For the record, Judge Lake is rarely reversed. He (deservedly, IMO) commands an enormous reservoir of respect both among the Bar and among judges, as far as I can tell.
Plus, his decision, based on the applicable law, was an easy one, just as was the Roy Moore decision.
Regardless of what one thinks of the applicable law, I think it unlikely the 5th Circuit will reverse, but that's JMO.
"I wish they'd cut their losses and quit wasting my tax money on this frivolity."
YOU wish they'd stop wasting tax money on this frivolity? The monument has been there for 50 years not bothering anybody. Why bother it now?
Who's wasting the tax money is the one who started this frivolous lawsuit, Kay Staley and all those who are so easily "offended" today.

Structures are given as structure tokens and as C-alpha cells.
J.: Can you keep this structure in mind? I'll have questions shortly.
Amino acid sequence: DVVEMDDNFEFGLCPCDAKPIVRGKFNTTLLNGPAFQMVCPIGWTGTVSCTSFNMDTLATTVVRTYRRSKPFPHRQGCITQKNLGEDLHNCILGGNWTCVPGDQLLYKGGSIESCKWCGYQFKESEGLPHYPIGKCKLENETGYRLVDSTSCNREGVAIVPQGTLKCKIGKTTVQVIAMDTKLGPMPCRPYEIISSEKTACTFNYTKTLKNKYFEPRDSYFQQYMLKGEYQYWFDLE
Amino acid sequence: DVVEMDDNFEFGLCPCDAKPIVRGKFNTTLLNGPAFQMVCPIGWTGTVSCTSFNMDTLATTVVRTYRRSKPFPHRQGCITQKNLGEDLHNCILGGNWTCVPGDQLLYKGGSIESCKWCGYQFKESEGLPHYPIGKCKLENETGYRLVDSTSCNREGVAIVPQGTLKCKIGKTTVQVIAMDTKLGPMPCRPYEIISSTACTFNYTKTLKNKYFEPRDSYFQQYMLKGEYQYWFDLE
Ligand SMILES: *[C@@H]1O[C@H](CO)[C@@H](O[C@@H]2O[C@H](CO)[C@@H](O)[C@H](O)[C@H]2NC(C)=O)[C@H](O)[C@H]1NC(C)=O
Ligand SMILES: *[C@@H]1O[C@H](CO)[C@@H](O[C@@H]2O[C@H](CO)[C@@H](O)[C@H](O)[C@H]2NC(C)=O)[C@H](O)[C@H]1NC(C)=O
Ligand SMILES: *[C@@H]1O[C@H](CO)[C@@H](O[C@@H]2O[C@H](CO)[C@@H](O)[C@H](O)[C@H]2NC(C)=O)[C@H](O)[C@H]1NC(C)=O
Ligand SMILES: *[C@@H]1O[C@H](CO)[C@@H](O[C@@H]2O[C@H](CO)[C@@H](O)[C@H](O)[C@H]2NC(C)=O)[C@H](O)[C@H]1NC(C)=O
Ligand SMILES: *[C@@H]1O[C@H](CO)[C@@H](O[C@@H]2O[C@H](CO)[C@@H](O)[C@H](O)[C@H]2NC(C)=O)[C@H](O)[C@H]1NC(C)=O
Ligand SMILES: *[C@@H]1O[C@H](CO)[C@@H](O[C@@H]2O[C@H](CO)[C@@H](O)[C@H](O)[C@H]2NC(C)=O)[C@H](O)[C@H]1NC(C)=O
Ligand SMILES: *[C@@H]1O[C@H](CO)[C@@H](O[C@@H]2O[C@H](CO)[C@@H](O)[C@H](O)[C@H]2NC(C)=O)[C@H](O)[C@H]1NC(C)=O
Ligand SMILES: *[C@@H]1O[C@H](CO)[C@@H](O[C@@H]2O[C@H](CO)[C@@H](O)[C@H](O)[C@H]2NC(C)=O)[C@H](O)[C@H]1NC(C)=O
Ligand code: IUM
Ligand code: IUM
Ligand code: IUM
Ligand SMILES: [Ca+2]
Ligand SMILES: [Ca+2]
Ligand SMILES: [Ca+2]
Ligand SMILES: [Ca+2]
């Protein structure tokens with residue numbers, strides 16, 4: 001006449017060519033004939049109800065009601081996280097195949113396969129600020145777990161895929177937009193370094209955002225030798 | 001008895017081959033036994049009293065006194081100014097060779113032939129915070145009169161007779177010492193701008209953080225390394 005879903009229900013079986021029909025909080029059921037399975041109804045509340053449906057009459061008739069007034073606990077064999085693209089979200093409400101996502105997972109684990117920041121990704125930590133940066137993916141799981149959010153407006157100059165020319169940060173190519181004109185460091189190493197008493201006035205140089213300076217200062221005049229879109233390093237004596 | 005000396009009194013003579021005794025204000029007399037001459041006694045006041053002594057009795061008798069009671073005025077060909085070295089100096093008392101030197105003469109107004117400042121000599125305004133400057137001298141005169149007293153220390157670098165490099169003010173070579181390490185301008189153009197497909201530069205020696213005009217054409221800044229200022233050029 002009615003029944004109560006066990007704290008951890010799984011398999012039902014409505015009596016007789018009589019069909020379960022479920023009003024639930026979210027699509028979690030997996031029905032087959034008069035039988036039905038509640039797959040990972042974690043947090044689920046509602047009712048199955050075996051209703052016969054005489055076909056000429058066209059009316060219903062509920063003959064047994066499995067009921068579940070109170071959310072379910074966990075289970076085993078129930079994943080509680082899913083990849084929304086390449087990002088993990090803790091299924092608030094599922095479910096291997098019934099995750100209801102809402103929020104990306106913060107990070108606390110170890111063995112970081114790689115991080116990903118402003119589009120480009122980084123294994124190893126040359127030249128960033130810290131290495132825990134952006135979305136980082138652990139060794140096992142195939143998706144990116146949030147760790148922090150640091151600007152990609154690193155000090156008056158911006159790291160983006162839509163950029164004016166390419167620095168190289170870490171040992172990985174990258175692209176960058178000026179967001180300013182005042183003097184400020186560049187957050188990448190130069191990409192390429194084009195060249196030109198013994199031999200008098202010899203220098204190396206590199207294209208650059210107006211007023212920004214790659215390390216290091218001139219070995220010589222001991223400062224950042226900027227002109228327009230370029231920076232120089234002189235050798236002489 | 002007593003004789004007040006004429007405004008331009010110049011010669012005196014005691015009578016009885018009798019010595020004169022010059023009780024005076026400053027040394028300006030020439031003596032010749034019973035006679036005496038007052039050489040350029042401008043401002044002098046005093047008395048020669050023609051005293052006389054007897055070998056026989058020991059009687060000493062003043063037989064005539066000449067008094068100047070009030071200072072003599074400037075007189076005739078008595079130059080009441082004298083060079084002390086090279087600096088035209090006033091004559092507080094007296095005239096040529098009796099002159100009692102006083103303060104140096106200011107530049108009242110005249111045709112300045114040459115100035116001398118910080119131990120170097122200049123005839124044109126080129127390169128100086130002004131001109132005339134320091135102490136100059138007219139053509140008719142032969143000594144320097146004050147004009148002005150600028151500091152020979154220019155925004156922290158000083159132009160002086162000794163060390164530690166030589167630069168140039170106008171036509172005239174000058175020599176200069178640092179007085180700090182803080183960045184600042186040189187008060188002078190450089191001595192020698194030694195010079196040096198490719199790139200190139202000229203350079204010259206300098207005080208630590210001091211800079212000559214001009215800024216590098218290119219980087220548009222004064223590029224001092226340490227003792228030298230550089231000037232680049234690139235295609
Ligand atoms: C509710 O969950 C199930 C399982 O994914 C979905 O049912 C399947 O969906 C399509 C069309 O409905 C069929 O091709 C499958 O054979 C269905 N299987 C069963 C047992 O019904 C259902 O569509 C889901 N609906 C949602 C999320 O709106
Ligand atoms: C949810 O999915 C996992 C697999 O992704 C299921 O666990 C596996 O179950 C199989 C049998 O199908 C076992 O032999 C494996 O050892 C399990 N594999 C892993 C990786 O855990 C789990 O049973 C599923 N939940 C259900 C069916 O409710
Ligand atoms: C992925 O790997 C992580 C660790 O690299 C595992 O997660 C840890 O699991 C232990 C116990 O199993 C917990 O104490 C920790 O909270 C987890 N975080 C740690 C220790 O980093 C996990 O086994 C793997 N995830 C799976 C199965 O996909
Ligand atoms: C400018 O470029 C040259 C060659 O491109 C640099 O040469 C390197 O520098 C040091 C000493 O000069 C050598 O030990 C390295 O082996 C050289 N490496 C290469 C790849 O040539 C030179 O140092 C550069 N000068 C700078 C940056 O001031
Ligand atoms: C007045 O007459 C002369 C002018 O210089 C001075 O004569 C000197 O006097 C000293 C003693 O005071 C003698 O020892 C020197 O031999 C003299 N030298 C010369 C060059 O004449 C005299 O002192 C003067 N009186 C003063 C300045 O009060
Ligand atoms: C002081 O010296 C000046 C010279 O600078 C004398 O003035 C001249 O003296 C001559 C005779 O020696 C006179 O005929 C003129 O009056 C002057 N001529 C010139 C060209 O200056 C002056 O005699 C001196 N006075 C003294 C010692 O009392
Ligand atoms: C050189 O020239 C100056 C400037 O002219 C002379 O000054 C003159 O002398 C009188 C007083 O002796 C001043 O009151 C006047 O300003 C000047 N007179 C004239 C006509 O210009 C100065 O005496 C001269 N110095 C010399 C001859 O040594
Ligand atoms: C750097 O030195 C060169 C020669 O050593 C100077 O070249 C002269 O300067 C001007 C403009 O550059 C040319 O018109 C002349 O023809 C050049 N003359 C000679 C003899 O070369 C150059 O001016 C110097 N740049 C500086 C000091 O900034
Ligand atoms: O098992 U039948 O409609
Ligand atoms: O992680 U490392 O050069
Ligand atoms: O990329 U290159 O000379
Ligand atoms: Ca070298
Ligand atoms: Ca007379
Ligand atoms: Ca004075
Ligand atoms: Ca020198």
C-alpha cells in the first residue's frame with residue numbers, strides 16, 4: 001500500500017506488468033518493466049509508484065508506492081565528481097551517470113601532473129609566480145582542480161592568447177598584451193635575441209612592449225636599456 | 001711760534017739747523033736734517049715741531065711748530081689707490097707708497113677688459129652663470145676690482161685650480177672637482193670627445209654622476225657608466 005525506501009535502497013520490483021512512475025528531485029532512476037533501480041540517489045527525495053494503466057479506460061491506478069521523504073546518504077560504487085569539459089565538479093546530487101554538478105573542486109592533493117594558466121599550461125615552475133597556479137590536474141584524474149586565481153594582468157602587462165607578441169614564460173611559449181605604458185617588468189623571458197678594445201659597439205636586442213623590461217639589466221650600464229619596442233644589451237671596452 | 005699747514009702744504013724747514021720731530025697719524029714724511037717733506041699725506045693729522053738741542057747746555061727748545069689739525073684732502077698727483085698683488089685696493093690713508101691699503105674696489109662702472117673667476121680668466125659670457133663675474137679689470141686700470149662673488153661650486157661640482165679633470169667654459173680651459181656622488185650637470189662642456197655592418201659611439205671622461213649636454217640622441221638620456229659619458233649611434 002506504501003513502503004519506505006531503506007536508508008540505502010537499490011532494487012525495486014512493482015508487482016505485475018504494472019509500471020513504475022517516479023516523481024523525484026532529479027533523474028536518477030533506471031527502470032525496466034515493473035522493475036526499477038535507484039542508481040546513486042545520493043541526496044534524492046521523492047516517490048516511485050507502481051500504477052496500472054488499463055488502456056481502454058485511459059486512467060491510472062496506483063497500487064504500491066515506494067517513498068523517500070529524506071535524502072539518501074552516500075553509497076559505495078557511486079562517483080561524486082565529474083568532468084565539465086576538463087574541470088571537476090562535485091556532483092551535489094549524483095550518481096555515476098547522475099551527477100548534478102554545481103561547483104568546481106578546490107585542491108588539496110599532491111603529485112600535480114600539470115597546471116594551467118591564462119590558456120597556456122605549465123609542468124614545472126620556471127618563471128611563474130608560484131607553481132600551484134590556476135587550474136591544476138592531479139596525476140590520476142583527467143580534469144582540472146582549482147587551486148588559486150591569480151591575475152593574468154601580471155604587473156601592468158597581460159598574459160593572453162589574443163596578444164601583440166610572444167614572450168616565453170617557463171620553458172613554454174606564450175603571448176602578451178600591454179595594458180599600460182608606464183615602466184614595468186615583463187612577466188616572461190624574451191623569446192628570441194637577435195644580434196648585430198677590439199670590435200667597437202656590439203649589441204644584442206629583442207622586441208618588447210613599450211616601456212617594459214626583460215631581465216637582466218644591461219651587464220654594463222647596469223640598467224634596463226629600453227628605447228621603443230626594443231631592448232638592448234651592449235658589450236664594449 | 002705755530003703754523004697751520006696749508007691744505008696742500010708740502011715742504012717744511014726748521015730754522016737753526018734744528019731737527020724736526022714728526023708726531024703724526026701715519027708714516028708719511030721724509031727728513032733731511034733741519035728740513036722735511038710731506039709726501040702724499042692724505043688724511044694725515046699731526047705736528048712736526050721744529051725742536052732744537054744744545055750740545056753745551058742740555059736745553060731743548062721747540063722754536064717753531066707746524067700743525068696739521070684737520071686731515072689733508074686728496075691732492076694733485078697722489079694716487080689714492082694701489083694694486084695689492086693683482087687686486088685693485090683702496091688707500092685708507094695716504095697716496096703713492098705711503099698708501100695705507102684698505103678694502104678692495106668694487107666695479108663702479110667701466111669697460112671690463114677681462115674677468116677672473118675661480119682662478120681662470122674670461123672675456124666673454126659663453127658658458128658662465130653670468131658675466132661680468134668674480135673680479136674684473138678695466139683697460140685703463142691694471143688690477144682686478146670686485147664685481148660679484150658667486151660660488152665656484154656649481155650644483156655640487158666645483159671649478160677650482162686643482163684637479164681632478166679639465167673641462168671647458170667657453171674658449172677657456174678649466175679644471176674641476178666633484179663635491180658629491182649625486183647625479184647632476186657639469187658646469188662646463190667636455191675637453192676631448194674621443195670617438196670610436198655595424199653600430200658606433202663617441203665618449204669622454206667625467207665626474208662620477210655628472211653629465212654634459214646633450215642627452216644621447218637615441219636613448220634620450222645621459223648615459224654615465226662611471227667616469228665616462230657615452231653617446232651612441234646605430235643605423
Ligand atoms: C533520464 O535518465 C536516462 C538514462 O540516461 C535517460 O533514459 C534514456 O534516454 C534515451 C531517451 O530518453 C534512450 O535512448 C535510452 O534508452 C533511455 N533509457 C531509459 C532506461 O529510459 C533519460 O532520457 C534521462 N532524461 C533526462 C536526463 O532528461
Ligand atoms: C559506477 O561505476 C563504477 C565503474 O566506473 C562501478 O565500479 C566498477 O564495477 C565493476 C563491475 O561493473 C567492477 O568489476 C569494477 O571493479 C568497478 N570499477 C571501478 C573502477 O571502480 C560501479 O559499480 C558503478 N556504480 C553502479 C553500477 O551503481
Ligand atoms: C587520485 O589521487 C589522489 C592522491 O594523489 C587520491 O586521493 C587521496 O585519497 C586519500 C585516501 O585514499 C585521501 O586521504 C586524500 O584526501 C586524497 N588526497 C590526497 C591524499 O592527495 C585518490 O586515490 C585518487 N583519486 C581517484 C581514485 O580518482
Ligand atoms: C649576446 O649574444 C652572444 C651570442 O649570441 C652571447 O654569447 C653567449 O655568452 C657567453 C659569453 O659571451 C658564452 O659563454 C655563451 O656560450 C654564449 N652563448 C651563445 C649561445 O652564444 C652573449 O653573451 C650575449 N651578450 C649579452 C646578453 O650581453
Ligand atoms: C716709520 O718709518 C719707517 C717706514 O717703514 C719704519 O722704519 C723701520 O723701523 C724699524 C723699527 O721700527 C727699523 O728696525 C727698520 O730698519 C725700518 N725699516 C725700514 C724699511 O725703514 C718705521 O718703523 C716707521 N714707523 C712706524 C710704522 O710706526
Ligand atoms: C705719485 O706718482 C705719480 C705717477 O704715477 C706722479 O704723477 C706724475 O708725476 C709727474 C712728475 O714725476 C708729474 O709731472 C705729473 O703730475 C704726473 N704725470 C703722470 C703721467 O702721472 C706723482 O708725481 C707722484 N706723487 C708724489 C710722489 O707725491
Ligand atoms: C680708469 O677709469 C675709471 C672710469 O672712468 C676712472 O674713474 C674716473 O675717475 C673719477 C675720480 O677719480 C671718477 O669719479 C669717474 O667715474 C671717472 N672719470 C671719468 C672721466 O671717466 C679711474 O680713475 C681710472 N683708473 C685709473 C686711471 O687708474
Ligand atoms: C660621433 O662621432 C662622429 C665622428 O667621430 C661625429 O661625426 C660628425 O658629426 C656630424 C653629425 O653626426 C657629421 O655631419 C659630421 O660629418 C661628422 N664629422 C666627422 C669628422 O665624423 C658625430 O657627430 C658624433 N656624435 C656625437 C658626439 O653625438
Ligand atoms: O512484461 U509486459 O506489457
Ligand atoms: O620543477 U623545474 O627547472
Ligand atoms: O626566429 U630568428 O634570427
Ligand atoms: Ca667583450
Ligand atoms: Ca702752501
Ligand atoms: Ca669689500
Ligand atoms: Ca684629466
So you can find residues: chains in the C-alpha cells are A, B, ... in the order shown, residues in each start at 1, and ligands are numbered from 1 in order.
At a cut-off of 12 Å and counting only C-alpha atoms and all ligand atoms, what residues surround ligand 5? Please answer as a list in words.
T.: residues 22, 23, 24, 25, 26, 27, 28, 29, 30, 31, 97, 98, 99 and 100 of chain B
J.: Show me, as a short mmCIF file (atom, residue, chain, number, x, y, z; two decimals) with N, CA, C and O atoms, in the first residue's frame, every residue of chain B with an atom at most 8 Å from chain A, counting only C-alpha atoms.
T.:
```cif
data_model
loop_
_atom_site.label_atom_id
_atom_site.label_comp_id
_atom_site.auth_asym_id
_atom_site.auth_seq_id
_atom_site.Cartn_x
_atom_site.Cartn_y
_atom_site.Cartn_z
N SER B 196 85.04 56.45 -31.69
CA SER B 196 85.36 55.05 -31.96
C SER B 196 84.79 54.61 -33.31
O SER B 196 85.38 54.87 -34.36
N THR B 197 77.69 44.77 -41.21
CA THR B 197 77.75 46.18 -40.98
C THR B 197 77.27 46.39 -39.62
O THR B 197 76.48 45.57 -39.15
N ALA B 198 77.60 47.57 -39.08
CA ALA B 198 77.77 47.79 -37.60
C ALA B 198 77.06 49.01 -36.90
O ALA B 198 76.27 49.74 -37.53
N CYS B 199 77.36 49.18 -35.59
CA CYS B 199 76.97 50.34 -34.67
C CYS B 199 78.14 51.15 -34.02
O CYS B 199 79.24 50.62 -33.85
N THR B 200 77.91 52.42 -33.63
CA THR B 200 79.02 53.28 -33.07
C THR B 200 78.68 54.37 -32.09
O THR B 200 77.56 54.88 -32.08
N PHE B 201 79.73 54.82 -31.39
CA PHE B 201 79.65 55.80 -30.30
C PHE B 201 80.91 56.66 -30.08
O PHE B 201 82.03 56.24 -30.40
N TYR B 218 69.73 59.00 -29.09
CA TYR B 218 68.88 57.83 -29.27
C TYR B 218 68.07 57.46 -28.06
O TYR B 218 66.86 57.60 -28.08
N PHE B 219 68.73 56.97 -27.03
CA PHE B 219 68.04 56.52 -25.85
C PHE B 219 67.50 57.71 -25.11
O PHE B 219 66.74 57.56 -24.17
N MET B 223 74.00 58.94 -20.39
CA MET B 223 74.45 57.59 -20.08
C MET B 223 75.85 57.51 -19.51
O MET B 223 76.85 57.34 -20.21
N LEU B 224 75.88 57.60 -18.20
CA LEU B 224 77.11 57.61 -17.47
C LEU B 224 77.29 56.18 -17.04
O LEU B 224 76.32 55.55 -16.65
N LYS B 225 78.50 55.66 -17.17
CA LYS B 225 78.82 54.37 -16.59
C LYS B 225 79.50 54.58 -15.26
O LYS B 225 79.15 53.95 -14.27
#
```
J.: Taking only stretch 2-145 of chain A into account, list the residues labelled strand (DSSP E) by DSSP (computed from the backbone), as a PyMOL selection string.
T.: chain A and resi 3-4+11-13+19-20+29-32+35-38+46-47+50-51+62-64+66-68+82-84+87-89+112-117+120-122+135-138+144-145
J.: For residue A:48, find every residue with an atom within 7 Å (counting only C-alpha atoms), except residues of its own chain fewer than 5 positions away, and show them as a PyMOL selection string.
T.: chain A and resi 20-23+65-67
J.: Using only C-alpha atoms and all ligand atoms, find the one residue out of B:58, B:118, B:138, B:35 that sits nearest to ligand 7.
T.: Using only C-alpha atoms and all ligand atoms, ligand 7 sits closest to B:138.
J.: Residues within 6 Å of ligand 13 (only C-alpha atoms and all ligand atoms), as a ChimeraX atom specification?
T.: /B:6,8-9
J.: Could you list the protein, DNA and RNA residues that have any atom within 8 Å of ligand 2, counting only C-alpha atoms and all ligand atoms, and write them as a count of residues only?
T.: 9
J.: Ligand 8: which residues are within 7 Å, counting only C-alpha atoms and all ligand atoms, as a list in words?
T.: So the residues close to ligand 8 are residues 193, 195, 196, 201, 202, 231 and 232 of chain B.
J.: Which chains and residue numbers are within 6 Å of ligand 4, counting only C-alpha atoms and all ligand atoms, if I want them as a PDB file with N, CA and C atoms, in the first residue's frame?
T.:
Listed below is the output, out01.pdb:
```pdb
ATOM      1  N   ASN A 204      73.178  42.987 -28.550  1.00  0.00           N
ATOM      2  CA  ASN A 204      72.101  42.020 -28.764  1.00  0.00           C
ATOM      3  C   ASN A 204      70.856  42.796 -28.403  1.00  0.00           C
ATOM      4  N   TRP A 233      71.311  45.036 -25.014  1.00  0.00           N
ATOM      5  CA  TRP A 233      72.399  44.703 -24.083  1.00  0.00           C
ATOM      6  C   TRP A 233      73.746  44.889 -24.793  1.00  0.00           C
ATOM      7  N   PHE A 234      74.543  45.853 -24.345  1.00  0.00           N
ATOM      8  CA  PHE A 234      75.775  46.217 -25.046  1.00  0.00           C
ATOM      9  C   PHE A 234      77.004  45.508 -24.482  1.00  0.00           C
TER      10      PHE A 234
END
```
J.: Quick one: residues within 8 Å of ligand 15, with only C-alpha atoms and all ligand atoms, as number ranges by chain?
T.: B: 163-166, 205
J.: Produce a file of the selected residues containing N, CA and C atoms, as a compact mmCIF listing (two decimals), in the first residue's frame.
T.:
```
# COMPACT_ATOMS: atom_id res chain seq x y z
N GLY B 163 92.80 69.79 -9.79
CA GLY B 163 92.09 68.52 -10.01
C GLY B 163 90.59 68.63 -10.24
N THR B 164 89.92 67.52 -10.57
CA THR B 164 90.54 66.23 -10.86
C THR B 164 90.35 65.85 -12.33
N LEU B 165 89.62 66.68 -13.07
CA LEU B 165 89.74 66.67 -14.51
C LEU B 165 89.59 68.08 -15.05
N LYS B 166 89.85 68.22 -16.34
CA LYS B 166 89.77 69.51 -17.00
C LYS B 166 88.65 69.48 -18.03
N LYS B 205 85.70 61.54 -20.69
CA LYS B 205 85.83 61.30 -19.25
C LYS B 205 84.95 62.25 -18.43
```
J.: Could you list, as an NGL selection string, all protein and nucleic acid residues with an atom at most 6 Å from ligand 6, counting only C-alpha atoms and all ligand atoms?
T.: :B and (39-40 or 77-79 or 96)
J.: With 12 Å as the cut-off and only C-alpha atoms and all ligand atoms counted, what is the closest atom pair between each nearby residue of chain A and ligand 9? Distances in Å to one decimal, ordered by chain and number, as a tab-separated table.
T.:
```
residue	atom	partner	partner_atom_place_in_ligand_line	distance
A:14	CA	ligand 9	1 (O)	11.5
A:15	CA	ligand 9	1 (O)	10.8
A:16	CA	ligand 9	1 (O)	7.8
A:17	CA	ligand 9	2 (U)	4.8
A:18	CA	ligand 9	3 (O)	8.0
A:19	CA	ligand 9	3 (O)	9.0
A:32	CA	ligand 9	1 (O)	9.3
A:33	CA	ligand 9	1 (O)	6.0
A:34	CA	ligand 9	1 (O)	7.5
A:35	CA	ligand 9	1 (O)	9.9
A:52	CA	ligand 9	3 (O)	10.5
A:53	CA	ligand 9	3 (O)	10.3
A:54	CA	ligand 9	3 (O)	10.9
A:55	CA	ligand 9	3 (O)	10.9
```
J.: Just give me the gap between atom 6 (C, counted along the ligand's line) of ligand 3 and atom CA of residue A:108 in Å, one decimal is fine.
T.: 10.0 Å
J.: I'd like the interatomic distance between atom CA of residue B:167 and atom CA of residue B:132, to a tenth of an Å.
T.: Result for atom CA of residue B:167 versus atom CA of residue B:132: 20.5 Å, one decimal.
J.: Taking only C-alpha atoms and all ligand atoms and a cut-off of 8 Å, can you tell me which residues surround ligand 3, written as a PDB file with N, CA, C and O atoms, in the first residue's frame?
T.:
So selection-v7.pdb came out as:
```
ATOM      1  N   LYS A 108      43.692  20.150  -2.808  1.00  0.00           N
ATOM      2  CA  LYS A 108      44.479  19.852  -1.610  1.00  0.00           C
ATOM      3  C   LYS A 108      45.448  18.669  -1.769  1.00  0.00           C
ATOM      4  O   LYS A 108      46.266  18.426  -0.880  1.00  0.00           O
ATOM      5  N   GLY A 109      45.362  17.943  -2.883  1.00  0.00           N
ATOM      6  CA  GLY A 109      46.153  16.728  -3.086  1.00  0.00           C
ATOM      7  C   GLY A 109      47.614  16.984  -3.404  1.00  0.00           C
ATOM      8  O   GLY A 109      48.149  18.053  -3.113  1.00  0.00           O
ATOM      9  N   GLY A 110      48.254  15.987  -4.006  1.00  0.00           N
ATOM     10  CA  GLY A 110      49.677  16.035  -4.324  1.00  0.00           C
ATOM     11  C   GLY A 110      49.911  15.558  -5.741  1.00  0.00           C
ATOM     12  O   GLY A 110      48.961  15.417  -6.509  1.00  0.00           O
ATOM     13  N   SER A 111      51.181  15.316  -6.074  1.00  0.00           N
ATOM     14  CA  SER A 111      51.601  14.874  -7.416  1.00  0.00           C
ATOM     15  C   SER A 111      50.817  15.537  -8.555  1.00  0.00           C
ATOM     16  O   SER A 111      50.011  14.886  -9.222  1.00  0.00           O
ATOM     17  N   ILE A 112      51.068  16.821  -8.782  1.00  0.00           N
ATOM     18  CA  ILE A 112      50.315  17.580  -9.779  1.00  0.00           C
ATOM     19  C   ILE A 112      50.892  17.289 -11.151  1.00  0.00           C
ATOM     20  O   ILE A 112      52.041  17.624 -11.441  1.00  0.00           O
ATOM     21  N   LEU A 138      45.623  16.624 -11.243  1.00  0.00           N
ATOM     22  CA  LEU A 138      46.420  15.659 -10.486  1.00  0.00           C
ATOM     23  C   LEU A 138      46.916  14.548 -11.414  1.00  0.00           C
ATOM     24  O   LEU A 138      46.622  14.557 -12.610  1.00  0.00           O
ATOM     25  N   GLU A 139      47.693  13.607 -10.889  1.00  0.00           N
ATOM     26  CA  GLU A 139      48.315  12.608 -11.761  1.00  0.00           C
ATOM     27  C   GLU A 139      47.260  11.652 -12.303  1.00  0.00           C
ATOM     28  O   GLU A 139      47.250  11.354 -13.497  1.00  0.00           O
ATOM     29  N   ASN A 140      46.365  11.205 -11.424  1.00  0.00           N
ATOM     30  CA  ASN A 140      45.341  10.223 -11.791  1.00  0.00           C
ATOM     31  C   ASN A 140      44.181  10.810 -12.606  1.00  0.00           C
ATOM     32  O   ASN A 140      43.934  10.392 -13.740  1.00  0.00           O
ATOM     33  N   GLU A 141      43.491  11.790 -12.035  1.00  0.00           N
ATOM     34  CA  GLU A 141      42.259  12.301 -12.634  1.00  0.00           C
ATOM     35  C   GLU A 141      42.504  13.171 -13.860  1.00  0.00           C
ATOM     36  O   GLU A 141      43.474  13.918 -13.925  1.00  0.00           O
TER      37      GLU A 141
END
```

As I have stated before, stop being so emotionally upset people. The constitution does not grant you the right to "not be offended". I am offended by all the frivolous lawsuits brought about by those people who are so easily offended, but I'm not out there suing them! Get over it, and move on with your lives and stop wasting our tax dollars on your frivolous lawsuits because you are easily offended.
As for putting a Quran or other such holy book on that monument, that's a cop out. The Bible was put there to represent Mr. Mosher's beliefs. It is only part of the whole monument which was dedicated to this man for what he did. Why does it offend people only now, after being there for 50 years?
The fact that the monument has been there for 50 years has nothing to do with its constitutionality. Moreover, the fact that no one has challenged it in 50 years does not imply that no one has been offended by it until now. It just means that no one has brought a challenge before now. If you ask 'why bring this challenge now,', I ask you, why not?
If you say, 'shouldn't it have been brought years ago,' I would say, 'Certainly.' But that has nothing to do with whether it is constitutional under the current challenge.